Migrants stranded in Tijuana living in fear amid growing violence

By Carlos Zuñiga

Tijuana, Mexico, Sep 29 (EFE).- Amid a full-blown crisis and without any encouraging signs on the horizon, migrants who have been stranded for months in the northern Mexican border city of Tijuana are now facing another worry: the growing violence in the region.

The northwestern state of Baja California has registered more than 2,300 victims of organized crime so far this year.

Of those, almost 1,500 of the crimes have occurred in Tijuana and 128 of them have taken place in September, according to the state attorney general’s office.

The migrants living in the Agape shelter in the Nueva Aurora neighborhood in a single week were terrorized by two shootouts between police and criminals.

The first clash occurred on Sept. 14 when Municipal Police officers pursued a pair of armed men to the area near the shelter, ultimately arresting one of them.

Then, last Thursday, armed gunmen ambushed two city police officers at the same site and a shootout erupted between security forces – and later Mexican army and National Guard troops who arrived at the scene – and the criminals.

Two of the alleged gunmen died in the shootout, all of which put migrants and activists even more on edge than they already were.

Janeth Valdovinos, a migrant from the western Mexican state of Michoacan, told EFE on Wednesday that as soon as she heard the gunfire she went to look for her children to protect them.

“We threw ourselves on the floor. We were crying along with the kids and we heard how people were crying and shouting. One boy was praying,” the woman recalled regarding the incident almost a week ago.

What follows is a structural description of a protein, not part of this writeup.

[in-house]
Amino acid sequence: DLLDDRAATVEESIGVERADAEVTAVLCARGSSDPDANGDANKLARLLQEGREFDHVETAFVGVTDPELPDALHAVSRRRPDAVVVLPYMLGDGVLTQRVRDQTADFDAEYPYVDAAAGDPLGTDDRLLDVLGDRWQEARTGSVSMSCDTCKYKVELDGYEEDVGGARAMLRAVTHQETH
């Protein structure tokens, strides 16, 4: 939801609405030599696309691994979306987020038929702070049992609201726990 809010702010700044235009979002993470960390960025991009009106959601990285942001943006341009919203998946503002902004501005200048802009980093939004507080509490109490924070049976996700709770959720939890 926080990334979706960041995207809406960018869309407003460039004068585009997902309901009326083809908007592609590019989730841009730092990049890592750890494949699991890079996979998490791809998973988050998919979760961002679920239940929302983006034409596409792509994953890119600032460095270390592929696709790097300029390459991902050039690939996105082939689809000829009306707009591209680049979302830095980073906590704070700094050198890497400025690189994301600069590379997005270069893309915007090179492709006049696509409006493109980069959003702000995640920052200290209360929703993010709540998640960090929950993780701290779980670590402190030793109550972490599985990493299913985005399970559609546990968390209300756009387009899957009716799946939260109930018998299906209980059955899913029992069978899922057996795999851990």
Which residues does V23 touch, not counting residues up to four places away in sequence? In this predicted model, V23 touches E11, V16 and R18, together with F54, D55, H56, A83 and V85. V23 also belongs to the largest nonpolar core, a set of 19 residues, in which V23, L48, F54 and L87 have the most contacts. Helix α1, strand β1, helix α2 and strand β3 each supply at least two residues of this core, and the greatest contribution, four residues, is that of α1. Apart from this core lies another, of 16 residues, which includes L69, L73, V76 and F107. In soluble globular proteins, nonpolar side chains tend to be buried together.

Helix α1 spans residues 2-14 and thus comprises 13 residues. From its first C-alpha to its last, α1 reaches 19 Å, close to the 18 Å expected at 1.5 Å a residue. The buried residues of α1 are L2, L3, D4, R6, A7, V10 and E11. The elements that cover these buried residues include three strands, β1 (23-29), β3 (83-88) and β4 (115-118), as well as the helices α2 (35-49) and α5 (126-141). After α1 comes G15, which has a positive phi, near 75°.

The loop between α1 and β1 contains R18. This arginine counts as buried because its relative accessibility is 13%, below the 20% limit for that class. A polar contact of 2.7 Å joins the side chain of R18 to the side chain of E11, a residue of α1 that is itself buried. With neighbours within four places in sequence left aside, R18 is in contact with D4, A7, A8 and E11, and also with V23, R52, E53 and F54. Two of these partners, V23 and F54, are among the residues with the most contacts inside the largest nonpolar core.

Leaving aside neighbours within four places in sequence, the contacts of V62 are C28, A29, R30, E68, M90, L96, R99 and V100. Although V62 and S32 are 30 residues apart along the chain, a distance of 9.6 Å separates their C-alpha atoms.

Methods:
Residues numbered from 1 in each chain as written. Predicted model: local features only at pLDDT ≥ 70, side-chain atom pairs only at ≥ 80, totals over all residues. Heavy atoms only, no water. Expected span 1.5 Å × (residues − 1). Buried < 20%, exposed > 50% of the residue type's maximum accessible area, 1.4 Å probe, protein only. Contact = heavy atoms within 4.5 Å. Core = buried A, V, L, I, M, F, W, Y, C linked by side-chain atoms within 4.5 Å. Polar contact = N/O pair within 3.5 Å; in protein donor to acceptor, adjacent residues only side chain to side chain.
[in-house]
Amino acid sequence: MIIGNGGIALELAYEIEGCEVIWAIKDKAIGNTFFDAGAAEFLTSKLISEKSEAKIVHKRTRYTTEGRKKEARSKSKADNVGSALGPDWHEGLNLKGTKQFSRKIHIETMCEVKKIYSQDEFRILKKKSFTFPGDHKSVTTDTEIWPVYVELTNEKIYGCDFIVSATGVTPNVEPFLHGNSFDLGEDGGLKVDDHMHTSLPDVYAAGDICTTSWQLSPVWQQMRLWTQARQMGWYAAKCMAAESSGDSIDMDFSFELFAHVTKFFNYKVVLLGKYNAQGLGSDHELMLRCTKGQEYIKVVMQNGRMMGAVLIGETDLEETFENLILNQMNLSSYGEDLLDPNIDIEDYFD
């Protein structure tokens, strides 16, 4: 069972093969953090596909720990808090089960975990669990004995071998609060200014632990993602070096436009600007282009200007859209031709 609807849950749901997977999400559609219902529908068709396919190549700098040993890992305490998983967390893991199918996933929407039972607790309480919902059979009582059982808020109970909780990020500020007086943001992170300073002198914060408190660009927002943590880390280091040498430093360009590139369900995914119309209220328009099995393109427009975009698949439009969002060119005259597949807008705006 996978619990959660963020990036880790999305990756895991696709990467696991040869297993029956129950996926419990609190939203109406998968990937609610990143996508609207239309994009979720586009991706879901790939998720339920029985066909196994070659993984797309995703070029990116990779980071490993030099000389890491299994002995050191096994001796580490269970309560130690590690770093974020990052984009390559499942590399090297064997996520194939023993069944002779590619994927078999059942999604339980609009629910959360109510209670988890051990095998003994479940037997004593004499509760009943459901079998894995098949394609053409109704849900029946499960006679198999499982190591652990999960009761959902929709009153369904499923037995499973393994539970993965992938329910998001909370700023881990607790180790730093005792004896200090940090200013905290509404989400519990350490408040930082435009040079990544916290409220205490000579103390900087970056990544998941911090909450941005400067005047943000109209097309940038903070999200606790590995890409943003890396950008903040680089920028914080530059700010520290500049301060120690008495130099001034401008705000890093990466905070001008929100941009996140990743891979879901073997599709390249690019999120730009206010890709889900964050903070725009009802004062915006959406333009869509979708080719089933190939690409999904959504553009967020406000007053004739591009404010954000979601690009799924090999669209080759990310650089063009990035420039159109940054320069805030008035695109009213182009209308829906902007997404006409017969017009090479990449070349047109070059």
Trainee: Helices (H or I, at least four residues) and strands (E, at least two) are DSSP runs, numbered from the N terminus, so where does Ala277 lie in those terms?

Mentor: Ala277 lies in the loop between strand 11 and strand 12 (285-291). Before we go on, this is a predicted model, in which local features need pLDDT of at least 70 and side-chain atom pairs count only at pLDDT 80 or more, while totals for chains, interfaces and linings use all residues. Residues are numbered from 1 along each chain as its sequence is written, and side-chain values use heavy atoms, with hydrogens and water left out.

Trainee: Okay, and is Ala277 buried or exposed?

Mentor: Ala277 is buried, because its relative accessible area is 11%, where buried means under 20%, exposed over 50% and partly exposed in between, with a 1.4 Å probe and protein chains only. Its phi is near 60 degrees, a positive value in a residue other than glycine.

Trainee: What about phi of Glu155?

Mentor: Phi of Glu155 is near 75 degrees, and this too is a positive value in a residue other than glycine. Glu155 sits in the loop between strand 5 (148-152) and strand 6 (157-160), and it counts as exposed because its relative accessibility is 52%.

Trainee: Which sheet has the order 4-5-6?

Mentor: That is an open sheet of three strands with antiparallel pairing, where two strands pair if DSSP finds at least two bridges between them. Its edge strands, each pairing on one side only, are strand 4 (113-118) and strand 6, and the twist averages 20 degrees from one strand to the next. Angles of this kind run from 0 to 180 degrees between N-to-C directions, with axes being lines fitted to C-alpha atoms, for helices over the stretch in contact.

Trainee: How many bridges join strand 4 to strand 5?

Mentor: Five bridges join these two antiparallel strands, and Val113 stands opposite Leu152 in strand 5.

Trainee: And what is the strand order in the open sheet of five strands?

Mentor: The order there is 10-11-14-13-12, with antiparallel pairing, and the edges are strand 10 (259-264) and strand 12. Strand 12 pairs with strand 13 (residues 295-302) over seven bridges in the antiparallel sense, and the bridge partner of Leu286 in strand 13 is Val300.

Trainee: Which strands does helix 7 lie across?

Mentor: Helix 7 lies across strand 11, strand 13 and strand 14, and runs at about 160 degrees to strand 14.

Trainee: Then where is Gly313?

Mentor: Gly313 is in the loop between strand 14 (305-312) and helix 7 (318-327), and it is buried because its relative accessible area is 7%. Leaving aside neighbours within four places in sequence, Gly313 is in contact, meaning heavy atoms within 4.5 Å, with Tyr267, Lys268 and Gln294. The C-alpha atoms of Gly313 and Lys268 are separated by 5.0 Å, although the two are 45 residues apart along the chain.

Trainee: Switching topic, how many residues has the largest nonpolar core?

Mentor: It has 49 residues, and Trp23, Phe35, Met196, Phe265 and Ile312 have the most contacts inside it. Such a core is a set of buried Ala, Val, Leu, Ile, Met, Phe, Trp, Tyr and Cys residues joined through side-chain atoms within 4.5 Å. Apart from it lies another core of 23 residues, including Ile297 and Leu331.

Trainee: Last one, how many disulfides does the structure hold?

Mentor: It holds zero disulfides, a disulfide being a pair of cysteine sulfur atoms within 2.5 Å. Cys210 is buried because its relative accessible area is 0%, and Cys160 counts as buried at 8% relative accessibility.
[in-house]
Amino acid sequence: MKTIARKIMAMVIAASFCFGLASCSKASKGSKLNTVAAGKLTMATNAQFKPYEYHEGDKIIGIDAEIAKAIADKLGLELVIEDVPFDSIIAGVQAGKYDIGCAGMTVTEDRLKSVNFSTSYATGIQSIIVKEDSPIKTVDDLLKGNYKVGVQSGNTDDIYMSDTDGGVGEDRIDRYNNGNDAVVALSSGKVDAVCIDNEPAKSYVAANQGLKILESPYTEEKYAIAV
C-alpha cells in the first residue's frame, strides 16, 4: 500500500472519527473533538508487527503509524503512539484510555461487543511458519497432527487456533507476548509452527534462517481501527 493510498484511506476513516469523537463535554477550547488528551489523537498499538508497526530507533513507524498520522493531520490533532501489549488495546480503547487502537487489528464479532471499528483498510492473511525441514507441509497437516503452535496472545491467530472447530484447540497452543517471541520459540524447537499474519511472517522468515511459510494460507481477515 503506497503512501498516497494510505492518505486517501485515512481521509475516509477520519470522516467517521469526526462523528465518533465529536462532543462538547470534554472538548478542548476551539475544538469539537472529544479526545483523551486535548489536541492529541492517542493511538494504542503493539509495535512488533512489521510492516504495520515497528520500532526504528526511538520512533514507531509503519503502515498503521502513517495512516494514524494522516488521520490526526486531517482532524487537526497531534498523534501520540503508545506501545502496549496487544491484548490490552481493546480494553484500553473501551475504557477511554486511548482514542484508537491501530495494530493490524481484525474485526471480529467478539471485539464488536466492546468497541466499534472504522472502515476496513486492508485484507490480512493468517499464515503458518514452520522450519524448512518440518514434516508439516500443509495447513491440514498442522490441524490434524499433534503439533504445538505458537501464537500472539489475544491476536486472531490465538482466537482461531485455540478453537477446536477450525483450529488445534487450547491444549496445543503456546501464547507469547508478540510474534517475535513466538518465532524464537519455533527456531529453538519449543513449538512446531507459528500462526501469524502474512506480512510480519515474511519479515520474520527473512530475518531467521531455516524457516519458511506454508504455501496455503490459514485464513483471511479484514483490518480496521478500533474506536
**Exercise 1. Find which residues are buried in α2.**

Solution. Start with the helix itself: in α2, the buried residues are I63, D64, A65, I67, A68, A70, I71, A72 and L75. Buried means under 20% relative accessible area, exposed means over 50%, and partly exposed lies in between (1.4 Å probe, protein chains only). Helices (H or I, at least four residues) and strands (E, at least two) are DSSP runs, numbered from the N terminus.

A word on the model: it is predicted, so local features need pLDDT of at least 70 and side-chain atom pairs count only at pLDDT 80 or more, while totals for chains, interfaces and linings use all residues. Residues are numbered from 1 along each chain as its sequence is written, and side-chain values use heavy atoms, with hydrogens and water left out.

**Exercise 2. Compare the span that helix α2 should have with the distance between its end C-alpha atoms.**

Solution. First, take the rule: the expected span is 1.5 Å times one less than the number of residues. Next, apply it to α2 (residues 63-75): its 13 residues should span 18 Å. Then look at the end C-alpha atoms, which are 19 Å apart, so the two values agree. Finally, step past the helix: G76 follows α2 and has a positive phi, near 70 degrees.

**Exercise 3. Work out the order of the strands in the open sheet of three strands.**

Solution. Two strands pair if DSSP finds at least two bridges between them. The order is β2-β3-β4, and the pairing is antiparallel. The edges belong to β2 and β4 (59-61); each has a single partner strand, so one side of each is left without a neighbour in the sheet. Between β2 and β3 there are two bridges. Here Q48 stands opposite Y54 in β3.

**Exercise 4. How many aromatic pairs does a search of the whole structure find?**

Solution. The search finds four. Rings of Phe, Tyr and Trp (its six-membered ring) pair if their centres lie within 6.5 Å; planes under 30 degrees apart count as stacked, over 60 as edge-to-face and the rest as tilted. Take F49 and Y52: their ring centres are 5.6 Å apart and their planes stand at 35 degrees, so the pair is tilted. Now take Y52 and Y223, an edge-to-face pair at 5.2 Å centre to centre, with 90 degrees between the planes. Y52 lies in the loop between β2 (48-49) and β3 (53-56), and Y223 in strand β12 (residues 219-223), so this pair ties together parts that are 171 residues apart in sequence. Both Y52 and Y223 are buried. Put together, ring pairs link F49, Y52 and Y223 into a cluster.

For Janeth, a single mother, the situation in Tijuana is very discouraging because “you come here fleeing from violence back there” and you don’t find any “safety” in the new place either.

The same sensation was felt by Hilda on that same day, and she feared for her daughter’s life given that the little girl was grazed on the head by one of the bullets that hit the walls and windows of the shelter.

“When we saw that the bullet came in the window we all hid under the beds … My daughter was grazed on the head by a bullet,” she said.

Antonio Escobar, from Honduras, has been staying at the shelter for months and is one of those responsible for the wellbeing of the more than 700 people there.

“You feel really bad because most of the people come from similar situations,” he told EFE.

But while this violent situation is of great concern to local residents and migrants, the authorities are minimizing the matter.

When questioned about a recent message attributed to organized crime threatening him, state Governor Jaime Bonilla said: “The dog that barks, doesn’t bite.”

And, for his part, the head of the Safety and Citizen Protection Secretariat in Tijuana, Pedro Cruz Camarena, insisted to reporters that the indices of violence in Tijuana are much lower now than in previous years, even though at the beginning of this month an 11-year-old girl died in a shootout at a shopping center.

These acts of violence come at a time when the region is experiencing an unprecedented migrant wave, which started at the beginning of this year with a record flow of 147,000 undocumented foreigners in Mexico between January and August, triple the 2020 figure, and a record 212,000 migrants detained by US Customs and Border Protection in July after illegally crossing the border.

In recent weeks, the situation has gotten worse along the northern Mexican border with the arrival of thousands of Haitians at various spots like Ciudad Acuña, in the state of Coahuila, from where many of them crossed the Rio Grande into the US and were then deported.

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